It’s no coincidence that New York City has seen a proliferation of yoga studios in the last several years. This is largely due to the Department of Buildings distinguishing yoga studios from their “physical culture” brethren–the massage parlors, bathhouses and gyms that require BSA approval.
According to Zoning Resolution 73-36, physical culture establishments are only allowed in districts C1-8X, C1-9, C2, C4, C5, C6, C8, M1, M2 or M3 by BSA approval. Buildings Bulletin 2013-010 makes the argument that because yoga studios do not require exercise equipment and accept walk-in customers, they can be classified under use groups 6C (retail or service establishment) or 9A (retail establishment studio, art, music, dancing or theatrical). This greatly expands the allowable, as-of-right districts for yoga studios.
However, there are several conditions for yoga studios to qualify under use group 6C or 9A:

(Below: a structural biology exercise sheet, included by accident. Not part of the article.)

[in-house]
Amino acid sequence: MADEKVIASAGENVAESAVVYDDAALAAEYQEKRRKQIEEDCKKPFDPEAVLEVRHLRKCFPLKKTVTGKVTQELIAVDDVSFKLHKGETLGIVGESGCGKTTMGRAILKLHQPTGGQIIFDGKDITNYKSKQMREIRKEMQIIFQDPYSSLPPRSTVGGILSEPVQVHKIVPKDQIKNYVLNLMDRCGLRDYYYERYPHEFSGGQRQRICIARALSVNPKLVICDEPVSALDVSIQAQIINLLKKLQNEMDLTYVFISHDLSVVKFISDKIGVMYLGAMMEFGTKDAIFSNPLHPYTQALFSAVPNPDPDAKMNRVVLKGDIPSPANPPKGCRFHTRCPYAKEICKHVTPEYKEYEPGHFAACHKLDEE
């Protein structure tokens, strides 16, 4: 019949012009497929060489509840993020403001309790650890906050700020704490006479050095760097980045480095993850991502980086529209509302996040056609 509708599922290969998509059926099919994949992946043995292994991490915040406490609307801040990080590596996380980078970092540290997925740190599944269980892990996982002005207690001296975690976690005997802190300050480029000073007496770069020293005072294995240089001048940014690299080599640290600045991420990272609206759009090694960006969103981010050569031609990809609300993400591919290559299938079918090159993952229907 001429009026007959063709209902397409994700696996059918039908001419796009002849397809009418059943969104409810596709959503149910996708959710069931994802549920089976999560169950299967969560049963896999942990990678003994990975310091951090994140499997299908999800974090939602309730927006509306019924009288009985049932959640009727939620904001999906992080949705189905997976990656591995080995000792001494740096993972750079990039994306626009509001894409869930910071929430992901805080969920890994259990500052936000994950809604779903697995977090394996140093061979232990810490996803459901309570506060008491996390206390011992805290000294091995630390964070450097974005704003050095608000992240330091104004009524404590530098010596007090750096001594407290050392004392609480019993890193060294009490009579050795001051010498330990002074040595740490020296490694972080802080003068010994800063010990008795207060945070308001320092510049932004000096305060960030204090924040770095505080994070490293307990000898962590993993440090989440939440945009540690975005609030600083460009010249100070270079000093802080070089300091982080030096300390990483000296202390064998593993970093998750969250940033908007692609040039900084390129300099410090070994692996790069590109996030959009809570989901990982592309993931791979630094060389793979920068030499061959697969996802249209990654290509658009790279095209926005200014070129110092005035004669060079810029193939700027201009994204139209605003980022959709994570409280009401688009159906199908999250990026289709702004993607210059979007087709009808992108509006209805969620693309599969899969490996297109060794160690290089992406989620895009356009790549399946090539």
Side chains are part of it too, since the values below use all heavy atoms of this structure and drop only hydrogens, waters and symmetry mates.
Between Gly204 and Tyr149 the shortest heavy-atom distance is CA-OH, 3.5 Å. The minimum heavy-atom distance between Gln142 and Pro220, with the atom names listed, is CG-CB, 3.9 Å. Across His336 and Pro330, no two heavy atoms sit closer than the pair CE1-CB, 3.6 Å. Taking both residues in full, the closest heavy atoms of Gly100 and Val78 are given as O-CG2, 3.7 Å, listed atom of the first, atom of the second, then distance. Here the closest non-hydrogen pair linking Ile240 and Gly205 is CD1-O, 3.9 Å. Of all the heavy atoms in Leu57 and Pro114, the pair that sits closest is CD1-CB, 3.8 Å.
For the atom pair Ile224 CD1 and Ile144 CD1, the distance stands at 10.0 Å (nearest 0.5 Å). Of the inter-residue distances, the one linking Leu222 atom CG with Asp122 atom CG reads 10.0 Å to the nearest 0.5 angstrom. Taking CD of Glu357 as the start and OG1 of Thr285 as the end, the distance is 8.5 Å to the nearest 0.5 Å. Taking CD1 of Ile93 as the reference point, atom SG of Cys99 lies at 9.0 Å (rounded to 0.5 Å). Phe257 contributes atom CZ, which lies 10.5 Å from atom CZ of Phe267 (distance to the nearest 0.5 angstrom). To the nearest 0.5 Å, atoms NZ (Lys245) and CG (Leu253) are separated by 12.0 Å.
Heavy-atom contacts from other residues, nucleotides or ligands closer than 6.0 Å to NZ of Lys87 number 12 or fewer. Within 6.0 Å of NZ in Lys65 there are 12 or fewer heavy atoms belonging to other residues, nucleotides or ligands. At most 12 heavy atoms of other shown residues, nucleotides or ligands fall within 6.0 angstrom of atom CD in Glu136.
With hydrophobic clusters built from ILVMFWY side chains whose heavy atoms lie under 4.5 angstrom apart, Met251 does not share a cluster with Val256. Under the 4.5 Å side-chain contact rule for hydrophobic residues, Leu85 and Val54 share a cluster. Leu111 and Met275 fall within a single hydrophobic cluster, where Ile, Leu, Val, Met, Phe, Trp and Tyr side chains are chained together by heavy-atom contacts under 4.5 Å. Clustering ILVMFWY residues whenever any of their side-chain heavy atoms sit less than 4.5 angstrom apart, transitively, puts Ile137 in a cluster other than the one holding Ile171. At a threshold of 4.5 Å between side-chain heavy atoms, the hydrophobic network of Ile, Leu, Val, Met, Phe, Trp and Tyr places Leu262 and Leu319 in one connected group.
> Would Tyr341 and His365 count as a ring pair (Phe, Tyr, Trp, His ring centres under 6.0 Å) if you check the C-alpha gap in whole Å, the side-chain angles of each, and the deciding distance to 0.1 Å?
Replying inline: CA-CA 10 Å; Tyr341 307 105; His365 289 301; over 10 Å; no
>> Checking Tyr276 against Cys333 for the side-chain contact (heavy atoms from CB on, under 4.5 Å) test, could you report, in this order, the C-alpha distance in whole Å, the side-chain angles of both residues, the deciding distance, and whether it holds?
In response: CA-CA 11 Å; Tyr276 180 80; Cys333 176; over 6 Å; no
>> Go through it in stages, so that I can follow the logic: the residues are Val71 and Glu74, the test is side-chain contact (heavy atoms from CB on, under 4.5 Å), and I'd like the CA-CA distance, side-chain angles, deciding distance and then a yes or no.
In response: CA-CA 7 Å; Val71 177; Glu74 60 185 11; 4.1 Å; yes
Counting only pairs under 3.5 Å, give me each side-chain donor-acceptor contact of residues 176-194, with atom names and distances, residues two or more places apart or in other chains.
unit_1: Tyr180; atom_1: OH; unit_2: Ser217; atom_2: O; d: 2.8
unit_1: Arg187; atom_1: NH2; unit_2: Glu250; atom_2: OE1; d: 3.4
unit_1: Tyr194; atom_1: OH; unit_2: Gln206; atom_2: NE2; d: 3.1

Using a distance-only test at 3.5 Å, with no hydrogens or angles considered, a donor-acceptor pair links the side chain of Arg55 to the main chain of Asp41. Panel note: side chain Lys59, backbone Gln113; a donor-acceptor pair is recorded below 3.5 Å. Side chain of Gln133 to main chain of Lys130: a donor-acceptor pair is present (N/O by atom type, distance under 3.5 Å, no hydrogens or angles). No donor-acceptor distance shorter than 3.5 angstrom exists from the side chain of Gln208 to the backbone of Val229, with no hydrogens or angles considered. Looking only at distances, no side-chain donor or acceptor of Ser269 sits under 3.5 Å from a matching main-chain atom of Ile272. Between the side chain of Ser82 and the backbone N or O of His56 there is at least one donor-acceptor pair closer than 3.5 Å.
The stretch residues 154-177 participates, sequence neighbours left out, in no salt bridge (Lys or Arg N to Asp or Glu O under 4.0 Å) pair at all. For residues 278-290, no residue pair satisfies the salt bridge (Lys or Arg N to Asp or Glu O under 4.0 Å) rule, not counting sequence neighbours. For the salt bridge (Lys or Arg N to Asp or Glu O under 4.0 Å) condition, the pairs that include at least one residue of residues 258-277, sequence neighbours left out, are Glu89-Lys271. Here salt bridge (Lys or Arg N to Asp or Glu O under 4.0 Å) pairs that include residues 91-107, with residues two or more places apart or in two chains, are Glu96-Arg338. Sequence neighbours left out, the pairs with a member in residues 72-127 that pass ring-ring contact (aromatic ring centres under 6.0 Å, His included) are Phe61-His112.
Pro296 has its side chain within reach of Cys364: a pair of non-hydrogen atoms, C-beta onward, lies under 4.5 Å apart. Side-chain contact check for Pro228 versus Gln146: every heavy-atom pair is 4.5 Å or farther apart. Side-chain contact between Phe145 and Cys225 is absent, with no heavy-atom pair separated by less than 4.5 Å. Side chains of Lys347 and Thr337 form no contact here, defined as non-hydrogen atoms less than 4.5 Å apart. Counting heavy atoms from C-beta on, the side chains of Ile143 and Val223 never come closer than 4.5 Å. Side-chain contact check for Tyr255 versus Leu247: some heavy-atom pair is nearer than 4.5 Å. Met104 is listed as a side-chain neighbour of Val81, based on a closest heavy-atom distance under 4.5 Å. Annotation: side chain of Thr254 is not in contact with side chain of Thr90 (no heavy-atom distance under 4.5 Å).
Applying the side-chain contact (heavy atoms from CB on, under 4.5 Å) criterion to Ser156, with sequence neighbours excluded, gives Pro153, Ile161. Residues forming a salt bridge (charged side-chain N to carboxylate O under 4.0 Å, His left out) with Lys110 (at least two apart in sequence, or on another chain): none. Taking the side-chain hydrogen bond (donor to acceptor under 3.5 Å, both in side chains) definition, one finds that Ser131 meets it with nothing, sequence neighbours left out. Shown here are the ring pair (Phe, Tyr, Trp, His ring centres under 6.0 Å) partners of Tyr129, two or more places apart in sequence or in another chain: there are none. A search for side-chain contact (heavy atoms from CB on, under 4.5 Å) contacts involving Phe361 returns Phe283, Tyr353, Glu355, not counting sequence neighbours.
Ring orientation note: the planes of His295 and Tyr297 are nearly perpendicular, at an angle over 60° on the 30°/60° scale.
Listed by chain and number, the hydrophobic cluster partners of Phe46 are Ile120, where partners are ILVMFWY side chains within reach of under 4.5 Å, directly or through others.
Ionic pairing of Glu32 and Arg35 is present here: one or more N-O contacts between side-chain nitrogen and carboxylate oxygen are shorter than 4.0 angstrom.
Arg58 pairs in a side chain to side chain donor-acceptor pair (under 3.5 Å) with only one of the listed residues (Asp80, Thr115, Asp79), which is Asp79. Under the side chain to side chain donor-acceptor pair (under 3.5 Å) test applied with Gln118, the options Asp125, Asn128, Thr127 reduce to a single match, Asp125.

The Borough will have to determine that a given establishment qualifies as a yoga studio. The Bulletin defines yoga as “a series of postures and breathing exercises, which are practiced to achieve control of the body and mind, tranquility, or similar.”
If you have ever been at home sick watching daytime television, you’ve certainly seen commercials for Rascal scooters and similar devices. These devices are typically larger than a standard wheel chair and may have difficulty maneuvering within a building.